The MU Bond Life Sciences Center partnered with Missouri Rain, an HIV/AIDS and sexually transmitted disease prevention and education organization, to commemorate World AIDS Day with a memorial service Monday.
Posters displaying research by MU faculty on HIV/AIDS lined the walls of McQuinn Atrium.
Four quilts hung from each level of the building to commemorate victims of the disease. Each patch was made by family members and loved ones in honor of the deceased.
Two speakers, one of whom is HIV-positive, were scheduled to talk about their experiences with the virus, but they had to cancel due to illness. Missouri Rain executive director Cale Mitchell said he was upset about the cancellation because he thinks the speakers help humanize the disease.
“Having someone who is courageous enough to speak out about their personal experience helps put a human face on the disease,” Mitchell said.
Missouri Rain will work to bring the speakers to MU next semester, Mitchell said.
Despite the schedule changes, Mitchell said he hoped the same message about HIV/AIDS prevention and research would be conveyed to attendees. Because the virus is no longer a hot topic in the media, people forget it still affects families in this country.
At the memorial service, Mitchell told his audience there are 465 diagnosed cases of HIV in this area, and 25 local people die from the virus annually. He said he hopes this event and others will make people realize HIV/AIDS is not just a developing world problem.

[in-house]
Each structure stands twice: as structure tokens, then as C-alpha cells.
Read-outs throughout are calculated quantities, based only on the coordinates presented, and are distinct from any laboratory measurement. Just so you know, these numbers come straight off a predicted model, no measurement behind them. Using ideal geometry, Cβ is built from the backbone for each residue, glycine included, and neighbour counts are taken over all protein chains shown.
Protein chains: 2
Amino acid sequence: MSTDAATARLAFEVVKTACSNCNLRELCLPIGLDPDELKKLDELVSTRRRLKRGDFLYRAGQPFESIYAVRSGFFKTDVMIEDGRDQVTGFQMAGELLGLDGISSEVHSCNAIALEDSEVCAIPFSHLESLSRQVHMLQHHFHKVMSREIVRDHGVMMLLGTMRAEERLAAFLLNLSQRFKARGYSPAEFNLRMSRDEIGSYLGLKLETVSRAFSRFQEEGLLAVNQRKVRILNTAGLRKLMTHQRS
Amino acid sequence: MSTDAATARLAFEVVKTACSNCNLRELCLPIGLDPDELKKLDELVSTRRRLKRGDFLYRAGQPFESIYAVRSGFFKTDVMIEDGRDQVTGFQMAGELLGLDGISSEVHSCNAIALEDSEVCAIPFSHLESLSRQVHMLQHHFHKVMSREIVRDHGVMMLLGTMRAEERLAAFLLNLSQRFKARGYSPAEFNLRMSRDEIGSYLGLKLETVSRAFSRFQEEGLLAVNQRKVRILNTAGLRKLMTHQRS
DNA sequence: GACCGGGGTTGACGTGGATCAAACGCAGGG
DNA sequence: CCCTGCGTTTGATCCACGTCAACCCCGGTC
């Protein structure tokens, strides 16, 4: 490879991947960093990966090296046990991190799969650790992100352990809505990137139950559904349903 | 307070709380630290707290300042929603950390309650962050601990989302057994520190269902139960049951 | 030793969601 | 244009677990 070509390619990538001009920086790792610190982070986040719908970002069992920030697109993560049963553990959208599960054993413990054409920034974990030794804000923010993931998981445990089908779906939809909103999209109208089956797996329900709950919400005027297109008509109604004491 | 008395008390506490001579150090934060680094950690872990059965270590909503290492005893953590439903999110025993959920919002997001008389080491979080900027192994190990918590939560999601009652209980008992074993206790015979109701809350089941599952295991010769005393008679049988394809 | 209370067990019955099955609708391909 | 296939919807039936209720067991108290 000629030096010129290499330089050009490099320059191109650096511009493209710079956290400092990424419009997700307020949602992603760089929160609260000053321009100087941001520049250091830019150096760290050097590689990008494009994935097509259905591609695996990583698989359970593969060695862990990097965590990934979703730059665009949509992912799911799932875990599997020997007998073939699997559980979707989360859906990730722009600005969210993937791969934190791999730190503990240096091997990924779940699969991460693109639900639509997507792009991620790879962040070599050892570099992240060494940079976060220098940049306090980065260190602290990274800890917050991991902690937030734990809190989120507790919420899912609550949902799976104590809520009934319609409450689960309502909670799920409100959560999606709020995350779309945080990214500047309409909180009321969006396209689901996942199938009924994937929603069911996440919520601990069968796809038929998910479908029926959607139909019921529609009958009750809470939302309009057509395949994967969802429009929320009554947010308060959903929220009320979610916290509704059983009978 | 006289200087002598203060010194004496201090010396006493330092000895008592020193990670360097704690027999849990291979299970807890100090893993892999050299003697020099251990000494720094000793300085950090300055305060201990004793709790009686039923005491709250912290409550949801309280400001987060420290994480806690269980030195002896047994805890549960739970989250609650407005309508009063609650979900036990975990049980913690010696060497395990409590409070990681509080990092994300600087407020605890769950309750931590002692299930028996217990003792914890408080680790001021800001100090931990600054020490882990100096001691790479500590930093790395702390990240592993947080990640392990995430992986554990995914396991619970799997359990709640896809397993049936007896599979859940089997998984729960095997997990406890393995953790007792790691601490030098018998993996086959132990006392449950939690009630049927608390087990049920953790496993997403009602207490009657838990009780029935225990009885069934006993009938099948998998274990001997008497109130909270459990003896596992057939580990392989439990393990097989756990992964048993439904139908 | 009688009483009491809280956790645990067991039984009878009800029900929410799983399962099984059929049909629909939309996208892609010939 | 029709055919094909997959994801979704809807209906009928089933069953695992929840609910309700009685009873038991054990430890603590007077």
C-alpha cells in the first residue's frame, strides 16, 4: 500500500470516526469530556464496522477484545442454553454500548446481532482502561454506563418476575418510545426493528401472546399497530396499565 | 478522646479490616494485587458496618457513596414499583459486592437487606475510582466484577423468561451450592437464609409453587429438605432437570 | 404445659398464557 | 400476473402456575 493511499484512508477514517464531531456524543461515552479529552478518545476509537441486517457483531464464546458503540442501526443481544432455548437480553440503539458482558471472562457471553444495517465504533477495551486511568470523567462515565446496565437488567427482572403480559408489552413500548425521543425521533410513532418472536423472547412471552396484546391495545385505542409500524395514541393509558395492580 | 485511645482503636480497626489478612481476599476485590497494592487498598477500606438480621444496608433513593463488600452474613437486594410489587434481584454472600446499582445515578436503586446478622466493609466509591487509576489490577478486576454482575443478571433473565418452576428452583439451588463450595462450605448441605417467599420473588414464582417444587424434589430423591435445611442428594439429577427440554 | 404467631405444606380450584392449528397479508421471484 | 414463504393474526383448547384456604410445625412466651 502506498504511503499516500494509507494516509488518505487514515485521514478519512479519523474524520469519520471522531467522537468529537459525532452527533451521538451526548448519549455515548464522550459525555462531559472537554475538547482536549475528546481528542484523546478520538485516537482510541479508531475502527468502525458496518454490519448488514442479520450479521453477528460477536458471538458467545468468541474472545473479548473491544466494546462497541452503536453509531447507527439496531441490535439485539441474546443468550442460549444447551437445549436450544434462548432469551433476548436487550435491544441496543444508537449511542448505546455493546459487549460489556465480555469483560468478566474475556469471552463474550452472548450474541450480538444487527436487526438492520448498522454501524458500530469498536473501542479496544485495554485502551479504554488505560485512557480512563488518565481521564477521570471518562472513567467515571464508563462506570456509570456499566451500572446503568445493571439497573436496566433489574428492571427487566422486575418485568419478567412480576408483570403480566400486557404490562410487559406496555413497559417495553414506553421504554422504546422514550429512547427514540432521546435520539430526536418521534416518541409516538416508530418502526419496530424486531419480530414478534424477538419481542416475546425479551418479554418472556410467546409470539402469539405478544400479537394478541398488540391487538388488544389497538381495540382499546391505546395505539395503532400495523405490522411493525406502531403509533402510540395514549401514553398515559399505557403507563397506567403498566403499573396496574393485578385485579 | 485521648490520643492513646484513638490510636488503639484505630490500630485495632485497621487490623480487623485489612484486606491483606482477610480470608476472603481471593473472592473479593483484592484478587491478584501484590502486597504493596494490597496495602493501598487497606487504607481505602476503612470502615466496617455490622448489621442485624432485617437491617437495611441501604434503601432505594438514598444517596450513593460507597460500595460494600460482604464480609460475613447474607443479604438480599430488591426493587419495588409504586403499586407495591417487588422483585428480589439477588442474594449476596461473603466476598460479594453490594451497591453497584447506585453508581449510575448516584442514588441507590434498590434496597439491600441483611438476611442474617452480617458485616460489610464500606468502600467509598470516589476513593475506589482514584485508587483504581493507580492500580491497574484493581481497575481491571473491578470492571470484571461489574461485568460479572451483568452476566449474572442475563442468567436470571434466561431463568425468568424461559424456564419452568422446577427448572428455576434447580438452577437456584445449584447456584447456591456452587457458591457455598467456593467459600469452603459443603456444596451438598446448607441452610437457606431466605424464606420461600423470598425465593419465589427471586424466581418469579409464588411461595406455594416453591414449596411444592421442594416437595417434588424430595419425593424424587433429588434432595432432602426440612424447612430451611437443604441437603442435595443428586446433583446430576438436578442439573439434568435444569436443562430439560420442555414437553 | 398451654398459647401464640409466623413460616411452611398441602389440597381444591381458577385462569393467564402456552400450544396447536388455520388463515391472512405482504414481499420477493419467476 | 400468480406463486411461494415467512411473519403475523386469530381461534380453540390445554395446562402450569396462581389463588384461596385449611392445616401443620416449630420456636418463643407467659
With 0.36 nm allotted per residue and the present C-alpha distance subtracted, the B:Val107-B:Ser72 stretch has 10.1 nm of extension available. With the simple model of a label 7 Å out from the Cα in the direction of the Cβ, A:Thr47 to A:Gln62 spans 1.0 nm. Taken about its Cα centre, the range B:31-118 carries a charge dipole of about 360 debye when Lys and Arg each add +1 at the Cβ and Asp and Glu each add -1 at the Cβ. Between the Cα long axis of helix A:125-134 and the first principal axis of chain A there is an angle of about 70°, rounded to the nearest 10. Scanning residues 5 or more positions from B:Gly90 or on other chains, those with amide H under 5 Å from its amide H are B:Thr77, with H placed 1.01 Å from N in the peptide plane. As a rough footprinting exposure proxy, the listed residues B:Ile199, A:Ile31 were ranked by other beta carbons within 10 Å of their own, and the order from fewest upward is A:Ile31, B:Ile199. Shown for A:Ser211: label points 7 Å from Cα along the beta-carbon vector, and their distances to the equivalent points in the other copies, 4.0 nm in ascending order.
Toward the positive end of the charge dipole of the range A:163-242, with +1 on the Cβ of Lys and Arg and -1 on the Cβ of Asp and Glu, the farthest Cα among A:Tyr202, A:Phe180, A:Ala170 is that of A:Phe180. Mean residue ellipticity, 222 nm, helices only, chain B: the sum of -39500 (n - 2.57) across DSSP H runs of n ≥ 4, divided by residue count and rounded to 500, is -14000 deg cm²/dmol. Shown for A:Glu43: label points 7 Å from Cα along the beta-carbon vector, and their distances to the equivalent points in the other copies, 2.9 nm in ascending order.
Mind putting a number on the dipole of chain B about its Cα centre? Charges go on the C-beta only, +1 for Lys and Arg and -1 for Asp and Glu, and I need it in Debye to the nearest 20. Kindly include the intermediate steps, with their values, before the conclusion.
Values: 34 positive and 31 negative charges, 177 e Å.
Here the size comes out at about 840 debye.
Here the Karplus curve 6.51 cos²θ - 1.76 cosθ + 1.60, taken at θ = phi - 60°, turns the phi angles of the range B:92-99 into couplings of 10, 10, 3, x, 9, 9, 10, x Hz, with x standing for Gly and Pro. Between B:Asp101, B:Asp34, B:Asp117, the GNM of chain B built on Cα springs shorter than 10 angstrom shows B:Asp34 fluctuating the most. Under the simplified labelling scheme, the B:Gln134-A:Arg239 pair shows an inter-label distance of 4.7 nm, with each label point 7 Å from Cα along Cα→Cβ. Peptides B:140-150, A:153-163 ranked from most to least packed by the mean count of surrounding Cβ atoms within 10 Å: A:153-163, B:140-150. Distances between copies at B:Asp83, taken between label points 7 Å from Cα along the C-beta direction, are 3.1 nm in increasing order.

At the end of the memorial service a bell rang 31 times in honor of the 31 years that have passed since the recognition of the disease.
Margaret Lange, a postdoctoral fellow at the Life Sciences Center, said she thought the research conducted by MU and other organizations on the virus is very important for public awareness about HIV/AIDS.
“Without public awareness there’s no way to prevent the disease,” she said.
Lange said she thinks awareness will lead to more people being tested for the disease and learning about drugs that help slow down its progression.
There were also booths set up by the Columbia/Boone County Department of Public Health and Human Services, Youth Advisory Board and Trail to a Cure with information about testing sites and ways to prevent HIV/AIDS.
Senior Rachel Doren said she attended the event as part of a class she is taking.
“I think it’s very interesting how far studies have come and how their focus is moving towards prevention now,” Doren said.
The research posters, along with the quilts provided by Missouri Rain, will be on display until Wednesday.